Go to: Abstract Bipolar disorder refers to a group of chronic psychiatric disorders of mood and energy levels. While dramatic psychiatric symptoms dominate the acute phase of the diseases, the chronic course is often determined by an increasing burden of co-occurring medical conditions. High rates of diabetes mellitus in patients with bipolar disorder are particularly striking, yet unexplained. Treatment and lifestyle factors could play a significant role, and some studies also suggest shared pathophysiology and risk factors. In this systematic literature review, we explored data around the relationship between bipolar disorder and diabetes mellitus in recently published population-based cohort studies with special focus on the elderly. A systematic search in the PubMed database for the combined terms “bipolar disorder” AND “elderly” AND “diabetes” in papers published between January 2009 and December 2015 revealed 117 publications; 7 studies were large cohort studies, and therefore, were included in our review. We found that age- and gender- adjusted risk for diabetes mellitus was increased in patients with bipolar disorder and vice versa (odds ratio range between 1.7 and 3.2). Our results in large population-based cohort studies are consistent with the results of smaller studies and chart reviews. Even though it is likely that heterogeneous risk factors may play a role in diabetes mellitus and in bipolar disorder, growing evidence from cell culture experiments and animal studies suggests shared disease mechanisms. Furthermore, disease-modifying effects of bipolar disorder and diabetes mellitus on each other appear to be substantial, impacting both treatment response and outcomes. The risk of diabetes mellitus in patients with bipolar disorder is increased. Continue reading >>

Diabetes In Bipolar Disorder Takes Its Toll

Diabetes In Bipolar Disorder Takes Its Toll

Many psychiatrists know that neuroimaging studies do not provide consistent data about brain changes in persons with bipolar disorder. Tomas Hajek, MD, PhD, of Dalhousie University in Halifax, Nova Scotia, believes that this might in part be explained by the existence of comorbid conditions. As he described in his recent talk (Insulin Resistance or Type 2 Diabetes Mellitus: Risk Factors for Brain Alterations in Bipolar Disorders) at APA 2015, comorbidities are “more of a rule than an exception” in bipolar disorder—and diabetes in particular is important to consider. In fact, persons with bipolar disorder have up to a 3-fold elevated risk for type 2 diabetes mellitus, and 53% of bipolar patients have pre- diabetes or diabetes. It comes as no surprise then, that cardiovascular disease is the leading cause of death in persons with bipolar disorder.1 Those with bipolar disorder and diabetes do not respond as well to bipolar treatment, and their illness tends to be more severe. To make matters even worse, diabetes is also harder to control in these patients than it is in persons without bipolar disorder. Because of the high prevalence of diabetes in patients with bipolar disorder and the difficulties in treatment associated with the two disorders in tandem, screening for glucose abnormalities in those who have bipolar disorder is particularly important. Although often not a focus of treatment, cognitive problems are common in patients with bipolar disorder, and this can be further exacerbated by the coexistence of diabetes. This connection makes sense, noted Hajek, since glucose is the principal source of brain energy, and insulin can act as a brain growth factor. Hajek wanted to further understand whether diabetes is a risk factor for brain changes in patients who hav Continue reading >>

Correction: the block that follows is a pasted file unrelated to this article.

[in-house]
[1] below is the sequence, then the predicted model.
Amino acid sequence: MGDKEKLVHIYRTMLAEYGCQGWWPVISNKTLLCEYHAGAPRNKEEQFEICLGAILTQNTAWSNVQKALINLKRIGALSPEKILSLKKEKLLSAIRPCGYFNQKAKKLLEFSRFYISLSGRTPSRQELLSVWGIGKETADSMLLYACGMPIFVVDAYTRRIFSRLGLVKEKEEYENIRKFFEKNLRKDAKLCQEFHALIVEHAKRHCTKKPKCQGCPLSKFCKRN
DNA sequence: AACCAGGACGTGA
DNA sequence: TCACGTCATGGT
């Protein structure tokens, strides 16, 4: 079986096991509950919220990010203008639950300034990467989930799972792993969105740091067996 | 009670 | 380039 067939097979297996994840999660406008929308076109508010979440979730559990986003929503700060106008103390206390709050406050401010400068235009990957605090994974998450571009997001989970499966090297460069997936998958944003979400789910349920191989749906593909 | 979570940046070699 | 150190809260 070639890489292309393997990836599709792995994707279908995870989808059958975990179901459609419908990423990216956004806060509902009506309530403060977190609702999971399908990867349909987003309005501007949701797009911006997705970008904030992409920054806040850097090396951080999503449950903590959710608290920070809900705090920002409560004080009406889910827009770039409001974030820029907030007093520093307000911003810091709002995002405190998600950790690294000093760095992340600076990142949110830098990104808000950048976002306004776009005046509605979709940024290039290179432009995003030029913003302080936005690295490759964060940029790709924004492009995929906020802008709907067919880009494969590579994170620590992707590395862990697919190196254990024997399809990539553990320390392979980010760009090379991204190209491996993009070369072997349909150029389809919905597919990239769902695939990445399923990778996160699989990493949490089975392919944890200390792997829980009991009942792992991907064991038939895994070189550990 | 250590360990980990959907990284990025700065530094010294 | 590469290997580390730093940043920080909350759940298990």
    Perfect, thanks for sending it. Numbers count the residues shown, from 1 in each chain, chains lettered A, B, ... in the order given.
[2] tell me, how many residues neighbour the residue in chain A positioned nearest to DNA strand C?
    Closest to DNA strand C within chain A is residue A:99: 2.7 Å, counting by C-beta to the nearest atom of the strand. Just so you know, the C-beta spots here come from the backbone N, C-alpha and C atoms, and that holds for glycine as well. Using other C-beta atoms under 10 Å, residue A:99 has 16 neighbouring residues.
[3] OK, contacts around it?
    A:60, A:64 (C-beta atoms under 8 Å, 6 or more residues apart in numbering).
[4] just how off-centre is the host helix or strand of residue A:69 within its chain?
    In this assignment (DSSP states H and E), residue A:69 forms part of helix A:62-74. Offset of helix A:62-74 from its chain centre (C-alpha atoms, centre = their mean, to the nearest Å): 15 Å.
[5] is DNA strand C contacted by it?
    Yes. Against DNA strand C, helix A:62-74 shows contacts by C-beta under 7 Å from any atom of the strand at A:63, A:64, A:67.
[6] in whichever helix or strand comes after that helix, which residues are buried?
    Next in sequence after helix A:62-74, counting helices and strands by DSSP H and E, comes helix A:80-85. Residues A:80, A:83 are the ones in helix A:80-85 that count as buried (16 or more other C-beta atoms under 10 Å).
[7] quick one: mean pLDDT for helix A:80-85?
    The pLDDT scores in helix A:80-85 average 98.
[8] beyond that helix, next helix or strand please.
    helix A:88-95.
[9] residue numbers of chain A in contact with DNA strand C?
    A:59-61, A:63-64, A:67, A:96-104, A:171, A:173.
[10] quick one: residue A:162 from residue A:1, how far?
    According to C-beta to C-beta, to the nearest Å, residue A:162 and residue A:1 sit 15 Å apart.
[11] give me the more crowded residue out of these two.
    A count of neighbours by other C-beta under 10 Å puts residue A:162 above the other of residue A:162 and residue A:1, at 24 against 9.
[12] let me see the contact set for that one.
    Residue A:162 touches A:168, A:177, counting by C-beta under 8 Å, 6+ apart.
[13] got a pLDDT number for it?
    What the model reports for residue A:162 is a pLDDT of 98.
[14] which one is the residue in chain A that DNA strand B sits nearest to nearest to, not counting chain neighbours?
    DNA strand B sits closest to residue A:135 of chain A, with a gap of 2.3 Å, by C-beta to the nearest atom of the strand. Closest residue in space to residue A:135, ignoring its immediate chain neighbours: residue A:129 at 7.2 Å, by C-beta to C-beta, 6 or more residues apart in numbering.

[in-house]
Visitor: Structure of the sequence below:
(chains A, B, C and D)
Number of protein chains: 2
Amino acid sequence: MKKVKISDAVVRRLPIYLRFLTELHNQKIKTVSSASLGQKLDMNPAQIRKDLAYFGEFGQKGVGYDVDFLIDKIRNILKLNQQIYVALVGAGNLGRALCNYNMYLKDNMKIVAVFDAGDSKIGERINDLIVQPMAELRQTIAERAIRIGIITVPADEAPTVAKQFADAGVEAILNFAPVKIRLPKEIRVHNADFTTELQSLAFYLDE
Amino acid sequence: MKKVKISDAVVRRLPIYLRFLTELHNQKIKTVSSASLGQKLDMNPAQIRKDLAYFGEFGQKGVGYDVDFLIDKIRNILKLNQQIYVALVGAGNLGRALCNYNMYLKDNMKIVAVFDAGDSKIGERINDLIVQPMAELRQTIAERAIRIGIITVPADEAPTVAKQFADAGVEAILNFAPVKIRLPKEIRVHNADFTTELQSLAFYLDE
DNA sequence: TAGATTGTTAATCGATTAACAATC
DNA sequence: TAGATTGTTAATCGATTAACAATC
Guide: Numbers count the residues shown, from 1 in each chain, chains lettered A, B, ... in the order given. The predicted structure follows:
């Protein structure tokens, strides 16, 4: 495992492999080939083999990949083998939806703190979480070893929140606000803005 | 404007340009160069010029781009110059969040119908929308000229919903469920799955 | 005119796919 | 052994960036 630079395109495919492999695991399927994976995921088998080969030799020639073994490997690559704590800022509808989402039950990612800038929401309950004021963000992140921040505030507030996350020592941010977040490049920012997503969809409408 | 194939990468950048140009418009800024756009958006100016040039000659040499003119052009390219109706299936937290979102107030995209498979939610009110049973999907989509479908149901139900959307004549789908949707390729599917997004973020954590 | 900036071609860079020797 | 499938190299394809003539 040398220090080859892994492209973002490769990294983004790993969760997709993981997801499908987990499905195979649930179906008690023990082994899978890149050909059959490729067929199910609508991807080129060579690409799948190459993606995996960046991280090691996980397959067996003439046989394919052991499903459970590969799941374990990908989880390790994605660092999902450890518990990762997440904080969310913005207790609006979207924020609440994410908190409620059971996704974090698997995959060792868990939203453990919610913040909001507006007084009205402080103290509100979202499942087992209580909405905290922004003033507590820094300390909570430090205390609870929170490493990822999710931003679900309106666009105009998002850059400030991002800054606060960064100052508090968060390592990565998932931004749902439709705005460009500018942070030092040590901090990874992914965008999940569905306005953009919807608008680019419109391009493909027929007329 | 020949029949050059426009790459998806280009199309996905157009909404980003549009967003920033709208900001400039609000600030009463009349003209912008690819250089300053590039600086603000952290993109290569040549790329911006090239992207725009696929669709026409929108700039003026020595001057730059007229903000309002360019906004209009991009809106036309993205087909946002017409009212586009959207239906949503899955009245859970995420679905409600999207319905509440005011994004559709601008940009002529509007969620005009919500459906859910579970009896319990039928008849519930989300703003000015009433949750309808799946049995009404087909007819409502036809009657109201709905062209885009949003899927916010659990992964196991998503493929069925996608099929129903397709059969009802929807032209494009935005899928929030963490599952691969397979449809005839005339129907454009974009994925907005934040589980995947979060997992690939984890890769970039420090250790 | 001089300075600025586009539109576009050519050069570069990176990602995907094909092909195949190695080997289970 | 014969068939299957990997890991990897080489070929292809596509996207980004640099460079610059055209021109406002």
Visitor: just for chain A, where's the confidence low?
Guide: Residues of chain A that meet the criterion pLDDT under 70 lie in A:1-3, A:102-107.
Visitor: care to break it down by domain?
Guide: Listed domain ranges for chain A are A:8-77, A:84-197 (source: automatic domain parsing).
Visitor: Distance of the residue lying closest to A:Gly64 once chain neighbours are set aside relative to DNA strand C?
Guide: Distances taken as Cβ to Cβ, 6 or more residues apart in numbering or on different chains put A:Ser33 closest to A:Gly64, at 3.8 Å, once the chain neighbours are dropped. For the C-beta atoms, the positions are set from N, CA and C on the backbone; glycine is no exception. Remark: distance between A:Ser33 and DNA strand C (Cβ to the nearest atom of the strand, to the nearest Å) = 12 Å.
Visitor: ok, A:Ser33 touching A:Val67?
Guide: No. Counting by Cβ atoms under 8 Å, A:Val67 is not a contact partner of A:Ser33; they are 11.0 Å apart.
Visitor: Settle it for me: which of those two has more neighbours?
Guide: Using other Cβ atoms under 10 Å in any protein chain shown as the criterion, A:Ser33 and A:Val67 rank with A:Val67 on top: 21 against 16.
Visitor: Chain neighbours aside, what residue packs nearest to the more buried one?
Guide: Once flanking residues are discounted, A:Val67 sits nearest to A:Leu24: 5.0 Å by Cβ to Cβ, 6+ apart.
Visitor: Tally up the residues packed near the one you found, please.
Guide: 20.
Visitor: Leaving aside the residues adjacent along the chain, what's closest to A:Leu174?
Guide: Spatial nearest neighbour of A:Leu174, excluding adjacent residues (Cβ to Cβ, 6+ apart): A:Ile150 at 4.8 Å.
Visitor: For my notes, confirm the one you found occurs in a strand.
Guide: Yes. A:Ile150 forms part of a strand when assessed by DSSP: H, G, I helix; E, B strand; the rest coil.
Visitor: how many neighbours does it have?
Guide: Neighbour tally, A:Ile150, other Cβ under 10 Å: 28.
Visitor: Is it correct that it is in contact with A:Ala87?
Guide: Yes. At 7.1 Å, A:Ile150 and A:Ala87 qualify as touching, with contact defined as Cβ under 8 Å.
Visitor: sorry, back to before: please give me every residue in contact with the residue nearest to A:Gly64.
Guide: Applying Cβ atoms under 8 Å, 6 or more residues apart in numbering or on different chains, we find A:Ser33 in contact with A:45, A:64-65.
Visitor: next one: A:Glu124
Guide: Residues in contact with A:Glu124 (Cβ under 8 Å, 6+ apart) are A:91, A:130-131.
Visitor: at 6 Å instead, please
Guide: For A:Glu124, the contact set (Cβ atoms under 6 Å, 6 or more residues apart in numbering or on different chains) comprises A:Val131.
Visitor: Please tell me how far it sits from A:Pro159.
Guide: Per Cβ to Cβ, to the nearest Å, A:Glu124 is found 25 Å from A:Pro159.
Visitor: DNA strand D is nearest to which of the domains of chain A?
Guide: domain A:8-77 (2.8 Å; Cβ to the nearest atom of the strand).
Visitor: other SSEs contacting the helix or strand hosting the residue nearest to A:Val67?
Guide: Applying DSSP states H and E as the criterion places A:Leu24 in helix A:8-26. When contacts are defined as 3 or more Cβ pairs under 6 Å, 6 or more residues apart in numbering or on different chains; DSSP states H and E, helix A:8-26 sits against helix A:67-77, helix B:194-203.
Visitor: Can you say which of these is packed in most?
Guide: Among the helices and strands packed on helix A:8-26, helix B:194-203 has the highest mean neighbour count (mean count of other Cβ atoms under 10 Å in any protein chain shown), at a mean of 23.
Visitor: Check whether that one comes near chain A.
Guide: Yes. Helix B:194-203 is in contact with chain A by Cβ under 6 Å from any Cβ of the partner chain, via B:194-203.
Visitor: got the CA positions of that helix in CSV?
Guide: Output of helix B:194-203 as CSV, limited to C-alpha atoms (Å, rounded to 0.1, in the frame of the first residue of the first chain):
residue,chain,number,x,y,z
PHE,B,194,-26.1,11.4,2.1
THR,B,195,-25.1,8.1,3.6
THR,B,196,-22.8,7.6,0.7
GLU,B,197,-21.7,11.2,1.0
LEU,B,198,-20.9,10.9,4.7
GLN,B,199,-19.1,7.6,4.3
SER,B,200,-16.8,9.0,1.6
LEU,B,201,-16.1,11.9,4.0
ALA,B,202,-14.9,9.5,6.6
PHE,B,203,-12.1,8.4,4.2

Diabetes Ii Versus Bipolar Ii- The Power Of Stigma

Diabetes Ii Versus Bipolar Ii- The Power Of Stigma

February 5, 2016, 3:49 pm 26 Comments 2559 Views Diabetes II Versus Bipolar II- The Power of Stigma When my husband was diagnosed with diabetes II, doctors, nutritionists, nurses, friends, family members, coworkers everyone was terribly concerned. No one doubted his diagnosis, no one accused him of inventing a condition to receive special treatment. No one suggested that it was just a bad day, that if he went back to the doctor on a different day he wouldnt be diabetic. No one said, We all have sugary days. All oozed support and sympathy. And continued to do so as he adjusted his diet and took the required medicines. Let me make this clear Im not wishing everyone had been hateful to him. I know diabetes II can turn deadly serious. In my husbands case, after we cut bread out of our dinner routine he was soon off meds and back to his former, non-diabetic self. When I began telling friends that I had been evaluated by mental health professionals and diagnosed with bipolar II , most voiced firm denials. Denials of the diseases reality, or denial of me personally having the disease. I had expected everyone to have the aha moment that I had; to think, what took so long to receive such a clearly correct diagnosis. Instead, I heard challenges: You are just bored, that is why you get depressed, and, The more friends vehemently denied that I could have this usually misunderstood disease, the angrier I got. True, few of them knew the extent of mental illness running through my family-of-origins DNA. But many of them had met my Dad, and/or heard some of my family stories. Either of those should have been enough to make the connection to some sort of mental illness not at all surprising. Perhaps it was strange that I didnt take it as a compliment that they thought me incapable of h Continue reading >>